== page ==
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PLoS One. 2015 Apr 13;10(4):e0123742. doi: 10.1371/journal.pone.0123742. eCollection 2015.

Association of urinary metal profiles with altered glucose levels and diabetes risk: a population-based study in China.

Author information

1
Key Laboratory of Environment and Health, Ministry of Education & Ministry of Environmental Protection, and State Key Laboratory of Environmental Health (Incubation), School of Public Health, Tongji Medical College, Huazhong University of Science and Technology, 13 Hangkong Rd, Wuhan 430030, China.

Abstract

BACKGROUND:

Elevated heavy metals and fasting plasma glucose (FPG) levels were both associated with increased risk of cardiovascular diseases. However, studies on the associations of heavy metals and essential elements with altered FPG and diabetes risk were limited or conflicting. The objective of this study was to evaluate the potential associations of heavy metals and essential trace elements with FPG and diabetes risk among general Chinese population.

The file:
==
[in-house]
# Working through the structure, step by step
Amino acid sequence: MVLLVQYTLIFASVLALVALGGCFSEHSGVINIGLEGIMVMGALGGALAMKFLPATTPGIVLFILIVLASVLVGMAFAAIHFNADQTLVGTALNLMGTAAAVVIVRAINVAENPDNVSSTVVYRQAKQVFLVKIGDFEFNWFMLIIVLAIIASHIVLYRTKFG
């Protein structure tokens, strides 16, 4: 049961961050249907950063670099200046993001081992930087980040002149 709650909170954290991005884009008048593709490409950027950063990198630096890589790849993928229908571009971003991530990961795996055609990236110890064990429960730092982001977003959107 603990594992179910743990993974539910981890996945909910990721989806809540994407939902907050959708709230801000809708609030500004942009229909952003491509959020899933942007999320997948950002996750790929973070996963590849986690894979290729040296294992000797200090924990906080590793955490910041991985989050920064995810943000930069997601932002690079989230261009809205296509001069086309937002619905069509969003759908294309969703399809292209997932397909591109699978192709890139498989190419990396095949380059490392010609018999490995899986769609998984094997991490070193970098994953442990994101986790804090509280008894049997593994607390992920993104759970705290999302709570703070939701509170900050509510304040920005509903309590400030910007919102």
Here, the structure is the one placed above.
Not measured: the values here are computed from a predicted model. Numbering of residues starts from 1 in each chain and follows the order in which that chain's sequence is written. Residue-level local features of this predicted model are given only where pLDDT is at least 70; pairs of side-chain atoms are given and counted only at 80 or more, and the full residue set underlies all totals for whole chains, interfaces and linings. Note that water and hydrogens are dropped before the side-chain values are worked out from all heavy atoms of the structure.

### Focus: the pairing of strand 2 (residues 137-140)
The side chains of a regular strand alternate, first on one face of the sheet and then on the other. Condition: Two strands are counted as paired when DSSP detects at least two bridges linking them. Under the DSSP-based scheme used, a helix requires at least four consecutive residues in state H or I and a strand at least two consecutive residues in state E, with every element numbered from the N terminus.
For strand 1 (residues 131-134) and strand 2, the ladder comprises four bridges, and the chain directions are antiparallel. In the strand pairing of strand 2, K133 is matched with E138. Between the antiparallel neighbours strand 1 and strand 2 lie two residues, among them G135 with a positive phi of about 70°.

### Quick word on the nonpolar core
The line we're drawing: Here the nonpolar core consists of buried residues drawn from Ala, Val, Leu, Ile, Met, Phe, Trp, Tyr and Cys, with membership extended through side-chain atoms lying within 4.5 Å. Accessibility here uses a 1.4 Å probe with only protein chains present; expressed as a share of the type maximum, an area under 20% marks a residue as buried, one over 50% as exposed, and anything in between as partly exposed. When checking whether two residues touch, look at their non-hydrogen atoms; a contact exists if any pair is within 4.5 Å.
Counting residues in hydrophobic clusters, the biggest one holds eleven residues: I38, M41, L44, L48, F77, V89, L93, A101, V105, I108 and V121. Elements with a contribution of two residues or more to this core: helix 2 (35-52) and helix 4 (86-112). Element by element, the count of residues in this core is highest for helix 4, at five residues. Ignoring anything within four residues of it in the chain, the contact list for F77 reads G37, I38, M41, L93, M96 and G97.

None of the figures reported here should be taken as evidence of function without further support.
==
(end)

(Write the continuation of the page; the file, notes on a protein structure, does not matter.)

METHODS:

We conducted a cross-sectional study to investigate the associations of urinary concentrations of 23 metals with FPG, impaired fasting glucose (IFG) and diabetes among 2242 community-based Chinese adults in Wuhan. We used the false discovery rate (FDR) method to correct for multiple hypothesis tests.

RESULTS:

After adjusting for potential confounders, urinary aluminum, titanium, cobalt, nickel, copper, zinc, selenium, rubidium, strontium, molybdenum, cadmium, antimony, barium, tungsten and lead were associated with altered FPG, IFG or diabetes risk (all P< 0.05); arsenic was only dose-dependently related to diabetes (P< 0.05). After additional adjustment for multiple testing, titanium, copper, zinc, selenium, rubidium, tungsten and lead were still significantly associated with one or more outcomes (all FDR-adjusted P< 0.05).

CONCLUSIONS:

Our results suggest that multiple metals in urine are associated with FPG, IFG or diabetes risk. Because the cross-sectional design precludes inferences about causality, further prospective studies are warranted to validate our findings.

PMID:
25874871
PMCID:
PMC4395404
DOI:
10.1371/journal.pone.0123742
[Indexed for MEDLINE]
Free PMC Article

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